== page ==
New California Law Requirements Expands Salary Transparency and Reporting
On September 27, 2022, California joined several other states that require increased pay transparency in the workplace under the new legislation (Senate Bill 1162), which goes into effect on January 1, 2023. The New California Law, Bill 1162 requires employers with current and prospective employees to disclose salary ranges, include salary information in job postings, and maintain detailed statistics and statistics regarding workforce demographics and salaries. Along with internal employees, all contingent workers supplied by staffing agencies must be included. “Labor contractor” means an individual or entity that supplies, either with or without a contract, a client employer with workers to perform labor within the client employer’s usual course of business.
According to the Senate Bill 1162, the key takeaways are:
Effective January 1st:
- All employers will be required to share pay scale information with current employees, upon request.
- All employers will be required to maintain records of job descriptions and wage history for employees while they are employed and for three years after employment ends.
- Companies with 15 or more employees must include pay scale information in all job postings.
Effective May 10th, 2023:
- Companies with 100 or more employees (or 100 or more employees hired through labor contractors, such as staffing agencies) must comply with new data reporting requirements that expand upon the Equal Employment Opportunity Commission’s EEO-1 form and existing California law.
According to California Legislative, the pay data report shall include the following information:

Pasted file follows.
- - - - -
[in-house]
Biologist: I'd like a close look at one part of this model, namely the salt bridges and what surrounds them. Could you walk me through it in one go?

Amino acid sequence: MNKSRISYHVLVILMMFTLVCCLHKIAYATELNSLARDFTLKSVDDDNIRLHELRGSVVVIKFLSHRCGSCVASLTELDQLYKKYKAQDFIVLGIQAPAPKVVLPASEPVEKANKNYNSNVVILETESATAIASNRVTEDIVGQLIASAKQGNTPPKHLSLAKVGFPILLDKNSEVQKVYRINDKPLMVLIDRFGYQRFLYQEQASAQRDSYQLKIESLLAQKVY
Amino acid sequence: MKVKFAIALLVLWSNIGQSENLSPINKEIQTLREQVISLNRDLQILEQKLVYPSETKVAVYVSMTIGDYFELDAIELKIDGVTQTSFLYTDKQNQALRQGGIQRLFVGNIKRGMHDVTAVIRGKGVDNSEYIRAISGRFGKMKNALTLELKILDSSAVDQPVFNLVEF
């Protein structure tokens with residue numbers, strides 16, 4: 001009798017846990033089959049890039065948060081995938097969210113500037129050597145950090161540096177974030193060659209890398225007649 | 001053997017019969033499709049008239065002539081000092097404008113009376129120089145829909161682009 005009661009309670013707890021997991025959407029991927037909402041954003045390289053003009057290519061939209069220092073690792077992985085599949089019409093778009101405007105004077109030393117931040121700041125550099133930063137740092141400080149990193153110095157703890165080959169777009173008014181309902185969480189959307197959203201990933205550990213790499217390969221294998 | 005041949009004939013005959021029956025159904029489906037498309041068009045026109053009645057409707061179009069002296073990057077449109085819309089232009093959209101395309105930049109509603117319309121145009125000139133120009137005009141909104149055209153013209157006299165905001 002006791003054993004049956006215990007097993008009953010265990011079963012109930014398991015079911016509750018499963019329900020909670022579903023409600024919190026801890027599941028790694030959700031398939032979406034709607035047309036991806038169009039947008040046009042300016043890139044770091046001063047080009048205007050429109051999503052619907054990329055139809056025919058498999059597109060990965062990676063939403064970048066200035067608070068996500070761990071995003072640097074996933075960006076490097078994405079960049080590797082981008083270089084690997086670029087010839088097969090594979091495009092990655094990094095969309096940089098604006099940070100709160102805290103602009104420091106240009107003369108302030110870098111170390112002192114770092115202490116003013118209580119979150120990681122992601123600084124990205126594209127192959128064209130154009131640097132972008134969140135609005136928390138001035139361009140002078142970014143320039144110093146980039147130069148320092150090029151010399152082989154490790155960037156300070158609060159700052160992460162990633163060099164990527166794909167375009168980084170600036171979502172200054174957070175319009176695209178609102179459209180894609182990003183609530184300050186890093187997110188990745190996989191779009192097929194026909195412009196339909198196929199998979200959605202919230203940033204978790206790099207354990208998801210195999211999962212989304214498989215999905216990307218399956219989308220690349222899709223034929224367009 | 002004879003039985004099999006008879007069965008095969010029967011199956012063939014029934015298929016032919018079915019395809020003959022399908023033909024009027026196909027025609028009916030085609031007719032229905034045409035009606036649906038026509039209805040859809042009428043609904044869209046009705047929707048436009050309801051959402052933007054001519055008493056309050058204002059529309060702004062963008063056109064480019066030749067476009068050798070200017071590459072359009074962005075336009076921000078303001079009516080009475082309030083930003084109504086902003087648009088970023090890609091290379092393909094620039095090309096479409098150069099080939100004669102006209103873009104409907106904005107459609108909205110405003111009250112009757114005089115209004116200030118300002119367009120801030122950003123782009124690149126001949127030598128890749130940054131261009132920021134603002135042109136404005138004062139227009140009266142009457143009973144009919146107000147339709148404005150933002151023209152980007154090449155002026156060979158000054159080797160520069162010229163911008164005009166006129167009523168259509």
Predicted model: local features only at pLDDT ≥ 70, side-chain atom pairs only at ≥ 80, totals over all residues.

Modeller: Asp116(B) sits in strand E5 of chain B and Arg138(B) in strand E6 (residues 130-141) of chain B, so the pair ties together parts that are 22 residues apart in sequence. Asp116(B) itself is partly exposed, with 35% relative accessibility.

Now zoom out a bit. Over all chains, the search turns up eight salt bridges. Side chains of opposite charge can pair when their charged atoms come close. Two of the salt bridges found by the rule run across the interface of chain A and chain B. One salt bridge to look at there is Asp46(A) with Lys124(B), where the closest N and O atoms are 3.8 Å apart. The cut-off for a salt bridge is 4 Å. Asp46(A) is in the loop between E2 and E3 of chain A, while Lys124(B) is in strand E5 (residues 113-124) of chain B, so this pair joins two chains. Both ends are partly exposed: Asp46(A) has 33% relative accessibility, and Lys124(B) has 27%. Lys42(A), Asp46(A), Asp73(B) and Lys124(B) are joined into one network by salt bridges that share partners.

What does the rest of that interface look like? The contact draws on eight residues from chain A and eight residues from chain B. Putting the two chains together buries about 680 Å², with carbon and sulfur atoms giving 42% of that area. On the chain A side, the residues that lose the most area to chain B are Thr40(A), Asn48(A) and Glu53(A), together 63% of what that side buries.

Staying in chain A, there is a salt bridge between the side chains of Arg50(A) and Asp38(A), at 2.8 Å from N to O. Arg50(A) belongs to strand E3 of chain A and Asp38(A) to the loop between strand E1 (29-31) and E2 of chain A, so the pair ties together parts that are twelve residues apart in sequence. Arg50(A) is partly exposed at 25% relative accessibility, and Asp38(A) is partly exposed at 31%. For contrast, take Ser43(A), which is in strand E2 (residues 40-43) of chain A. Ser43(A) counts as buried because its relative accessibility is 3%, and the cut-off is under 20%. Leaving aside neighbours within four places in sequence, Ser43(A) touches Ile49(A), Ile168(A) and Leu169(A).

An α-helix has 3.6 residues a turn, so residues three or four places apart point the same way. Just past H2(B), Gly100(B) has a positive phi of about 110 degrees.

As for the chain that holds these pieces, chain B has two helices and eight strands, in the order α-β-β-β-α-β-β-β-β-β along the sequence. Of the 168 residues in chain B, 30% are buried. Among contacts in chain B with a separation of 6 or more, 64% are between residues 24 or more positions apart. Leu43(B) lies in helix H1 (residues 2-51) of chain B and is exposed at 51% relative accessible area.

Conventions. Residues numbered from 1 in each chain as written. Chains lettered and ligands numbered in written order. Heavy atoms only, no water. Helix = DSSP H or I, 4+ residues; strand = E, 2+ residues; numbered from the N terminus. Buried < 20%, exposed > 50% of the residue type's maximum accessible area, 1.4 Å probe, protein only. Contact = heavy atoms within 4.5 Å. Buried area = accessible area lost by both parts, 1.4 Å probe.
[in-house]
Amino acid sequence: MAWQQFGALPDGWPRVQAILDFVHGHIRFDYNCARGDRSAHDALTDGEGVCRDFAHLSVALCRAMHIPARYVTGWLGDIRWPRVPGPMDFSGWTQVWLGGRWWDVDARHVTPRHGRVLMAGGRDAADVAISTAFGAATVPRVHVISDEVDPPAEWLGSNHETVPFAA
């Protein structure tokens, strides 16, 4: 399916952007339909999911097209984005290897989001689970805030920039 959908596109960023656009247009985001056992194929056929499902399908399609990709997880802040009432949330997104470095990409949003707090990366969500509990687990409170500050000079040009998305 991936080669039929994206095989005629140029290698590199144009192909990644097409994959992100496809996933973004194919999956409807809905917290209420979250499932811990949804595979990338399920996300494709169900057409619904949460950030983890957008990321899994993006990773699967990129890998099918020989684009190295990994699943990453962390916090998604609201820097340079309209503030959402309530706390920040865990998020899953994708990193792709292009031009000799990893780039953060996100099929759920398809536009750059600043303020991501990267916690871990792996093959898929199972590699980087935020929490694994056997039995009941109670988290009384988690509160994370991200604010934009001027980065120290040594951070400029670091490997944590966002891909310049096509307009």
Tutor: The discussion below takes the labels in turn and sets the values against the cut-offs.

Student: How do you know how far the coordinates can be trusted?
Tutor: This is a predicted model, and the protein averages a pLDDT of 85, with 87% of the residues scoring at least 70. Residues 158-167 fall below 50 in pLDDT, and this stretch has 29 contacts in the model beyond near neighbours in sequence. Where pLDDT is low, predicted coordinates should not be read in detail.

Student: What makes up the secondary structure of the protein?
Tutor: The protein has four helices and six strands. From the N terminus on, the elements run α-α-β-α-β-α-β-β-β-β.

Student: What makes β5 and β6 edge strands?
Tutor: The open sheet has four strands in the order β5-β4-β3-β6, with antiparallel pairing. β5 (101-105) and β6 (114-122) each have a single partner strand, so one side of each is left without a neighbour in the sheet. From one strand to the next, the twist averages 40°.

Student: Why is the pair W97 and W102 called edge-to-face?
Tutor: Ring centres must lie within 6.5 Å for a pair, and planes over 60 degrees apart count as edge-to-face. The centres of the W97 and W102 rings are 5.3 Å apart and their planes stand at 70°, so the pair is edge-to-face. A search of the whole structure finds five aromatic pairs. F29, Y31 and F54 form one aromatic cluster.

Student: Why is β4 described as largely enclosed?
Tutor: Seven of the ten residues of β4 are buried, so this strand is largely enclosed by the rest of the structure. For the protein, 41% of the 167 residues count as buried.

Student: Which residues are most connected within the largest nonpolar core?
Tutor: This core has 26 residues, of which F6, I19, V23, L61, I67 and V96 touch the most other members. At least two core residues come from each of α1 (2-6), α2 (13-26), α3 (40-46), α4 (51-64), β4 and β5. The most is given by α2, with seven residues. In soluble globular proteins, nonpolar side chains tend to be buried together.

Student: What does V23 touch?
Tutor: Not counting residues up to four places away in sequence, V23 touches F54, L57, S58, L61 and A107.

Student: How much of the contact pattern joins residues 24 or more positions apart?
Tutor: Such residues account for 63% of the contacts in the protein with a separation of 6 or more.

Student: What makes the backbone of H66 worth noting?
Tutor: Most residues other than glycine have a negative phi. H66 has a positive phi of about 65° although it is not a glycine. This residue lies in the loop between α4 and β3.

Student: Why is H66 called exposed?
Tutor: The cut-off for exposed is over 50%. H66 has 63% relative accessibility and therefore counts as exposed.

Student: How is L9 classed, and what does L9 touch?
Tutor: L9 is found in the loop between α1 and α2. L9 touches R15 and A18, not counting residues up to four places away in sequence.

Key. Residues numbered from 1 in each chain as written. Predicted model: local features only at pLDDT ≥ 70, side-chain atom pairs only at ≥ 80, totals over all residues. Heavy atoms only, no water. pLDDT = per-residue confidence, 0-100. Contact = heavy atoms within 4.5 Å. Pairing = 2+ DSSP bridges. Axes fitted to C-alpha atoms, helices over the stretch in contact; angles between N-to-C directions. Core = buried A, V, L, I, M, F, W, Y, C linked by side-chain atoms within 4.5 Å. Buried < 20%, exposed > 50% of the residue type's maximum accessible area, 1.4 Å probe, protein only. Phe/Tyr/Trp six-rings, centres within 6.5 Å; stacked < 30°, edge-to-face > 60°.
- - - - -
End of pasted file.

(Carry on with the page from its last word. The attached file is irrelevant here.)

(1) The number of employees by race, ethnicity, and sex in each of the following job categories:
(A) Executive or senior level officials and managers.
(B) First or mid-level officials and managers.
(E) Sales workers.
(F) Administrative support workers.
(G) Craft workers.
(I) Laborers and helpers.
(J) Service workers.
(2) The number of employees by race, ethnicity, and sex, whose annual earnings fall within each of the pay bands used by the United States Bureau of Labor Statistics in the Occupational Employment Statistics survey.
(3) Within each job category, for each combination of race, ethnicity, and sex, the median and mean hourly rate.
(4) For purposes of establishing the numbers required to be reported under paragraph (1), an employer shall create a “snapshot” that counts all of the individuals in each job category by race, ethnicity, and sex, employed during a single pay period of the employer’s choice between October 1 and December 31 of the “Reporting Year.”
(5) For purposes of establishing the numbers to be reported under paragraphs (2) and (3), the employer shall calculate the total earnings, as shown on the Internal Revenue Service Form W-2, for each employee in the “snapshot,” for the entire “Reporting Year,” regardless of whether or not an employee worked for the full calendar year. The employer shall tabulate and report the number of employees whose W-2 earnings during the “Reporting Year” fell within each pay band.
(6) The employer shall include in the report the total number of hours worked by each employee counted in each pay band during the “Reporting Year.”
(7) The report shall include the employer’s North American Industry Classification System (NAICS) code.
Civil penalties can be $100 per employee upon any employer who fails to file the required report and $200 per employee upon any employer for a subsequent failure to file the required report.
Many clients have taken advantage of our NO-COST Workforce & Vendor Management programs to alleviate any concerns with this new bill, their contingent workers and approved staffing providers. This worker tracking is just one of the many benefits that a customized managed service program can capture.
If you have questions or concerns regarding SB 1162 or other employment law issues, please do not hesitate to contact Suna Solutions.
Kyle Anderson, Total Talent Solutions Manager